"In Amy Kenny's outstanding debut, My Body Is Not a Prayer Request, she tells us this book is her unstifled scream. Are we listening? I am screaming alongside her when I read about how we as the church harm her and other disabled people. Kenny exegetes not only Scripture and individuals with precision but also the American system and the church. Our theology and our actions demonstrate that many are anything but pro-life--we are guilty of ableism and eugenics, and we need to repent. Kenny is among the sharpest writers and thinkers, and she offers the truth through beautiful writing, wit, wisdom, and grace while showing us the way forward."
Marlena Graves, author of The Way Up Is Down: Becoming Yourself by Forgetting Yourself
"Incisive, witty, and revelatory, My Body Is Not a Prayer Request is a much-needed prophetic intervention against the ableist 'common sense' that prevails in many churches. This work is sure to be a balm for those who have ever felt sidelined because of ableist theology and sure to be a redemptive kick in the pants for the rest of us."
Andre Henry, award-winning singer-songwriter, writer, and activist
"Through a series of fascinating, moving, and sometimes disturbing narratives, Amy Kenny takes us into the heart of the experience of disability and the practical and theological challenges that people face on a daily basis. In her experiential narrative theology, she brings to light the inadequacies of certain theological assumptions and at exactly the same time draws attention to the invaluable perspective that theology, thought through in the light of disability, brings to the life of the church and the world. The book opens up fresh perspectives that can help all of us understand disability theologically and appreciate our humanness more fully."
John Swinton, professor in practical theology and pastoral care, University of Aberdeen
"Kenny's book doesn't just turn the American church's misguided understanding about disability right side up. It invites the church's members into the community of the beloved where disabled bodies and nondisabled bodies are seen, valued, and loved equally and holistically. Her book is a loving invitation into communal wellness. May it be so."
Chanté Griffin, journalist and advocate
"Beautifully written and vulnerably shared, Amy's message cuts to the core of ableism, whose culture has been allowed to roam unchecked in the church, perpetuating harm. Kenny calls us to be a more inclusive people, graciously and honestly helping us learn new theological insights, practices, and ways forward together."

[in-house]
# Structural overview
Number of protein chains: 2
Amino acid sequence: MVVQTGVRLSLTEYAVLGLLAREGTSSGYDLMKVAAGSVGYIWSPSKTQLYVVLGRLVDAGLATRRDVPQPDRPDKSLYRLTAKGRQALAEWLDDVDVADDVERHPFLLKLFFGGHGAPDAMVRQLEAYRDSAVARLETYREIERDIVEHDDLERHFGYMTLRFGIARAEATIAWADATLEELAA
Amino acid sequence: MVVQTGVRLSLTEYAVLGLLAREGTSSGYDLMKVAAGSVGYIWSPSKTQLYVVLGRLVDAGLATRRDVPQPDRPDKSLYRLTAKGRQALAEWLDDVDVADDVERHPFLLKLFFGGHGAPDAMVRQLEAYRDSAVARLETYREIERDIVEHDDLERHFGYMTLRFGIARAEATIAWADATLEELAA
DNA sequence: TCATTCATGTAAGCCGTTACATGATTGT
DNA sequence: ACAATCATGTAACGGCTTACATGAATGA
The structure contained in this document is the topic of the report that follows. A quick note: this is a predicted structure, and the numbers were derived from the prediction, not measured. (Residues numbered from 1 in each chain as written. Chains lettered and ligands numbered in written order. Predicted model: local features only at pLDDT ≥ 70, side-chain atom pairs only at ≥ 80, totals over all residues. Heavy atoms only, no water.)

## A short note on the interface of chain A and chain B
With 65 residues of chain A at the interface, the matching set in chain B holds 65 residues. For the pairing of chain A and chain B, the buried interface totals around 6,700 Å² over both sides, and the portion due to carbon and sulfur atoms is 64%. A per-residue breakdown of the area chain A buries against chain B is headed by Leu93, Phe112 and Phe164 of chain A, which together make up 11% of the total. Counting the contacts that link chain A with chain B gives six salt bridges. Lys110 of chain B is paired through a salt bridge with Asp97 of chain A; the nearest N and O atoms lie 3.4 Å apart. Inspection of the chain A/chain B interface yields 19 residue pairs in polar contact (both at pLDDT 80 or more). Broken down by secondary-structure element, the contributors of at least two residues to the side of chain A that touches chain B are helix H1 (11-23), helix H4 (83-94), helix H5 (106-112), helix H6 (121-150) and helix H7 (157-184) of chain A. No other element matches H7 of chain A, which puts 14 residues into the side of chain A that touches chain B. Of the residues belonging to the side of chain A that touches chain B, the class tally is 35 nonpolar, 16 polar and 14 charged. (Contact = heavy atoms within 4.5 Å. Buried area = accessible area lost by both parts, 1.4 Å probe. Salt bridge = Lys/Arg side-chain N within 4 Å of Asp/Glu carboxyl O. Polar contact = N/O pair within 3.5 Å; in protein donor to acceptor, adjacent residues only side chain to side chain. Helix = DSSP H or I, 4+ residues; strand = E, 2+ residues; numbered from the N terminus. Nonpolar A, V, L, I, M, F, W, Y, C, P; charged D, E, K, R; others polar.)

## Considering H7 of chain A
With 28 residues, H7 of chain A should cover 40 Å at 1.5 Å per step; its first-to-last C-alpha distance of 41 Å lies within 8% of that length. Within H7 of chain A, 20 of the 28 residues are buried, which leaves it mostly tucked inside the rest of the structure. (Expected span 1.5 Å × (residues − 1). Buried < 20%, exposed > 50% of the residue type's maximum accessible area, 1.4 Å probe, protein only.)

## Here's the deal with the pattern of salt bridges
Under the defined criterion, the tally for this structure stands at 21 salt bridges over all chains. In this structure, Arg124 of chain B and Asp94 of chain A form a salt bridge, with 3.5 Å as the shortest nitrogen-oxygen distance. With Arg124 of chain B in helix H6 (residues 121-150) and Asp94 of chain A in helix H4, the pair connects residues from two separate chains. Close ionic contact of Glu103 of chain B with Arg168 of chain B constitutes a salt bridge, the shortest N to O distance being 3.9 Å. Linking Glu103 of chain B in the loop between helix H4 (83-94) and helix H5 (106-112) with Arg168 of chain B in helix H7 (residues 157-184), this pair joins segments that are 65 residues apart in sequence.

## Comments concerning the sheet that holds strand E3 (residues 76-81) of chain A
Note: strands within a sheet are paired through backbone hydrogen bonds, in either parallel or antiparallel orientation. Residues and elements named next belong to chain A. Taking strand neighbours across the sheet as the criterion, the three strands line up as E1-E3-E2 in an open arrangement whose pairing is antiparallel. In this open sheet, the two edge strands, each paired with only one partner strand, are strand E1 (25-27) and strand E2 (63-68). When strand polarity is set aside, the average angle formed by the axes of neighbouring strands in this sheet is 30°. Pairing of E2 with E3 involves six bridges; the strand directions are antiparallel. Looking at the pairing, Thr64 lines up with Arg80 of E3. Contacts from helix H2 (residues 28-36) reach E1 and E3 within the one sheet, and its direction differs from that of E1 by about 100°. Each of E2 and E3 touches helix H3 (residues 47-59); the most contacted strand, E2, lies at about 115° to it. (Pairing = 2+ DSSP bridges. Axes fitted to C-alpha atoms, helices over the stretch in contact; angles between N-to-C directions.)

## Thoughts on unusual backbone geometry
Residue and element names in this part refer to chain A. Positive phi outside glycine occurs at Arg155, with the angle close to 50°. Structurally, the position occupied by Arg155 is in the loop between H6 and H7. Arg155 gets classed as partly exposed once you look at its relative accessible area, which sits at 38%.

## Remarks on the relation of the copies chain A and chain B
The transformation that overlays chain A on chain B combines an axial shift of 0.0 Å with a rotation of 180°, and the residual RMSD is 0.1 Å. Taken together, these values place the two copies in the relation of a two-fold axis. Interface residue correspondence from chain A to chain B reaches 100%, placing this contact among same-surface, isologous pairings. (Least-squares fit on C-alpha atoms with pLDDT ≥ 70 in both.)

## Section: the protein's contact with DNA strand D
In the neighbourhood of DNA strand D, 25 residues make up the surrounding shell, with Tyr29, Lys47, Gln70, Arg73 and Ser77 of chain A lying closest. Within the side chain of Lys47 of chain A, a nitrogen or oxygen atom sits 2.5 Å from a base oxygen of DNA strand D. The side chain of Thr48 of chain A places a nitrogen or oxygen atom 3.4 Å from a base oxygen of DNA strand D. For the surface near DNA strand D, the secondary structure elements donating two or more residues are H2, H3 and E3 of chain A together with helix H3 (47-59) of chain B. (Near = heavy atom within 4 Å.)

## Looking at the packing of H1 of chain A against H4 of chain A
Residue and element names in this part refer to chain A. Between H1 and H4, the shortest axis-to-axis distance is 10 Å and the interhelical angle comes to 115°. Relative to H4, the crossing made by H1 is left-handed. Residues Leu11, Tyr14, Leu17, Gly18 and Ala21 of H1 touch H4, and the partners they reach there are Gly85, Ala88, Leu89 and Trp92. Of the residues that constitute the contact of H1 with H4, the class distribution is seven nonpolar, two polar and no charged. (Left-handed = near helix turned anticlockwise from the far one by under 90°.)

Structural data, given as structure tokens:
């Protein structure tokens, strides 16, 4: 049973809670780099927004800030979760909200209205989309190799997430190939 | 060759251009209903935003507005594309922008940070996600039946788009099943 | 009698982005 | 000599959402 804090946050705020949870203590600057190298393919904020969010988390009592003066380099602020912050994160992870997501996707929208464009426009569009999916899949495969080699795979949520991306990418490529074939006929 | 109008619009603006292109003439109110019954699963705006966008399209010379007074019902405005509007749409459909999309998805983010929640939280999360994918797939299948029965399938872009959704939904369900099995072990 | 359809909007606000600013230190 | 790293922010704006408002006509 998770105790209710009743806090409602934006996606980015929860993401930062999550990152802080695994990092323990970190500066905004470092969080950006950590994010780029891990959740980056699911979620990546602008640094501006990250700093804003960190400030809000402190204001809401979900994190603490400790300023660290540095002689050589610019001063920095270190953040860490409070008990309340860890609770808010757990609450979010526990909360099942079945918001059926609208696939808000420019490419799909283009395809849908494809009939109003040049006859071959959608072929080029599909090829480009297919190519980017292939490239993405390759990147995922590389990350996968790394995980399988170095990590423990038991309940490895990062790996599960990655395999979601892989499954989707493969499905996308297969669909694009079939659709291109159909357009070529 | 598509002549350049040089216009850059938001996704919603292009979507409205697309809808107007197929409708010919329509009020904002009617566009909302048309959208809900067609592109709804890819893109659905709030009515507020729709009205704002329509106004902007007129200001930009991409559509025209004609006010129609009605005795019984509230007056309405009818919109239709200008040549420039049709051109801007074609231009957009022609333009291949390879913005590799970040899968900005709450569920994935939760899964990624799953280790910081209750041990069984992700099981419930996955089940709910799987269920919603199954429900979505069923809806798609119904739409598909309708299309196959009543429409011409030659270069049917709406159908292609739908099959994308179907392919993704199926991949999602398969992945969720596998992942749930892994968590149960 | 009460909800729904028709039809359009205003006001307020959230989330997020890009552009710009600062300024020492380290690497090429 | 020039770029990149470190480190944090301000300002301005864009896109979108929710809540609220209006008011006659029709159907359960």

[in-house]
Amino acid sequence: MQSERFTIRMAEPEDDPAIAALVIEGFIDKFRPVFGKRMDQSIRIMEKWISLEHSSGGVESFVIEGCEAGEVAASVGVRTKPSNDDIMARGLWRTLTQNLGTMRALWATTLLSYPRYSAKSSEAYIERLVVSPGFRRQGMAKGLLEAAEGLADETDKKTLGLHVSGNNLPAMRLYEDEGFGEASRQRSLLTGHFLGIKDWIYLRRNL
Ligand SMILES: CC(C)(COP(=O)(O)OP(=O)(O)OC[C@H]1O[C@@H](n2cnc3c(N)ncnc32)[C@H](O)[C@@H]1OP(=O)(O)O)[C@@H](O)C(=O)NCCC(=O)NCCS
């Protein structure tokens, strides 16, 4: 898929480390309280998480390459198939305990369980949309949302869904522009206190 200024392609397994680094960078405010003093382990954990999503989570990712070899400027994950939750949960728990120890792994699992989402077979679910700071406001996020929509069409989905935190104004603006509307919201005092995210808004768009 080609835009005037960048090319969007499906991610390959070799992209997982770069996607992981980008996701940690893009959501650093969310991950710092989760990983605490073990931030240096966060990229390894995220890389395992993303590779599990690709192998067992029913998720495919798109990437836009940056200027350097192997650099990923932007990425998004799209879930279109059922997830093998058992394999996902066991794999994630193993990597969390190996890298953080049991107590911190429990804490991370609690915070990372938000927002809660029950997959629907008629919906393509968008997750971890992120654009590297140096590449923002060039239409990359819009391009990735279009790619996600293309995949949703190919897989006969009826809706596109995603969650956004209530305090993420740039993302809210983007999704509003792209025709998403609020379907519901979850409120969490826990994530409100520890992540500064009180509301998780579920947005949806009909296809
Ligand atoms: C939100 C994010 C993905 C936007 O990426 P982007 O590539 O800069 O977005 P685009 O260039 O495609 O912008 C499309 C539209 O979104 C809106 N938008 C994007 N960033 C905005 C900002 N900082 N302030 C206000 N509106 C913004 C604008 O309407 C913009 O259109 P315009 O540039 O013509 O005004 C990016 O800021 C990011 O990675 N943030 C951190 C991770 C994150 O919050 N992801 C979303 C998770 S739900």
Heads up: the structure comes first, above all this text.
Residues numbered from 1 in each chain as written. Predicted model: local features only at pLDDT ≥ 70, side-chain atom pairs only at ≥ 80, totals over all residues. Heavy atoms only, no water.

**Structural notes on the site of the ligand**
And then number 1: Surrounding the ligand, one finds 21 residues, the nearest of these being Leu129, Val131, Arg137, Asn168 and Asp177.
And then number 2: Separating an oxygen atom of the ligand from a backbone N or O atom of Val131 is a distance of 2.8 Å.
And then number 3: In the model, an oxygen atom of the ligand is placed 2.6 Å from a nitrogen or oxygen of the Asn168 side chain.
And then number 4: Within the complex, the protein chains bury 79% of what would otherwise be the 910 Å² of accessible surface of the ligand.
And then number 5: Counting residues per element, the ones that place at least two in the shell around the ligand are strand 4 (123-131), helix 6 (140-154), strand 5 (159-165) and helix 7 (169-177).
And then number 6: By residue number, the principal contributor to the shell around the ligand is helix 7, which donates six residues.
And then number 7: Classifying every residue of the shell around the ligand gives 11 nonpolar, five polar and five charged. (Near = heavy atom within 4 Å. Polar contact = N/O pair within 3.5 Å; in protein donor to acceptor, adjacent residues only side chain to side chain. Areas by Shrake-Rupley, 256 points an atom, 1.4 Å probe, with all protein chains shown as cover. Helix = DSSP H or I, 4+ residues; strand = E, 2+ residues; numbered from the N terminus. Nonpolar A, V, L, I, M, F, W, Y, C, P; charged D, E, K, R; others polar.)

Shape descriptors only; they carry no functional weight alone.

Michelle Ferrigno Warren, activist and author of The Power of Proximity
"Amy Kenny says this book is her scream! What resounds is the Holy Spirit's empowering witness to the ends of the earth about what redemption in Christ looks like for a disabled person. This witness calls all of us nondisabled persons to repent of our ableism: how our assumptions about what is 'normal' make life more challenging for disabled persons. Be prepared to experience God's saving transformation of our minds, our prejudices, and our ways of life so that we can go from seeing bodies like Amy's as a prayer request to being part of a church that challenges the ableism in our world."
Amos Yong, professor of theology and mission, Fuller Theological Seminary
"This book is sure to challenge churches in precisely the right ways. Amy Kenny writes with an honest, compelling, clear, and prophetic style, artfully weaving together personal narratives with rich biblical understanding. The result offers transformative possibilities for cultivating faithful communities of belonging for all."
Thomas E. Reynolds, associate professor of theology, Emmanuel College, University of Toronto
"Mixing memoir with social critique, Kenny draws on her experiences as a Christian disabled person to examine ableism in the church in her enlightening debut. The author, who uses a wheelchair, contends that disability is not something to pity or look away from, but something to accept and celebrate. . . . With humorous prose and wry wit, Kenny makes a convincing case for all Christians to do more to meet access needs and embrace disabilities as part of God's kingdom, rather than treat them as 'glitches.' Inclusivity-minded Christians will cheer the lessons laid out here."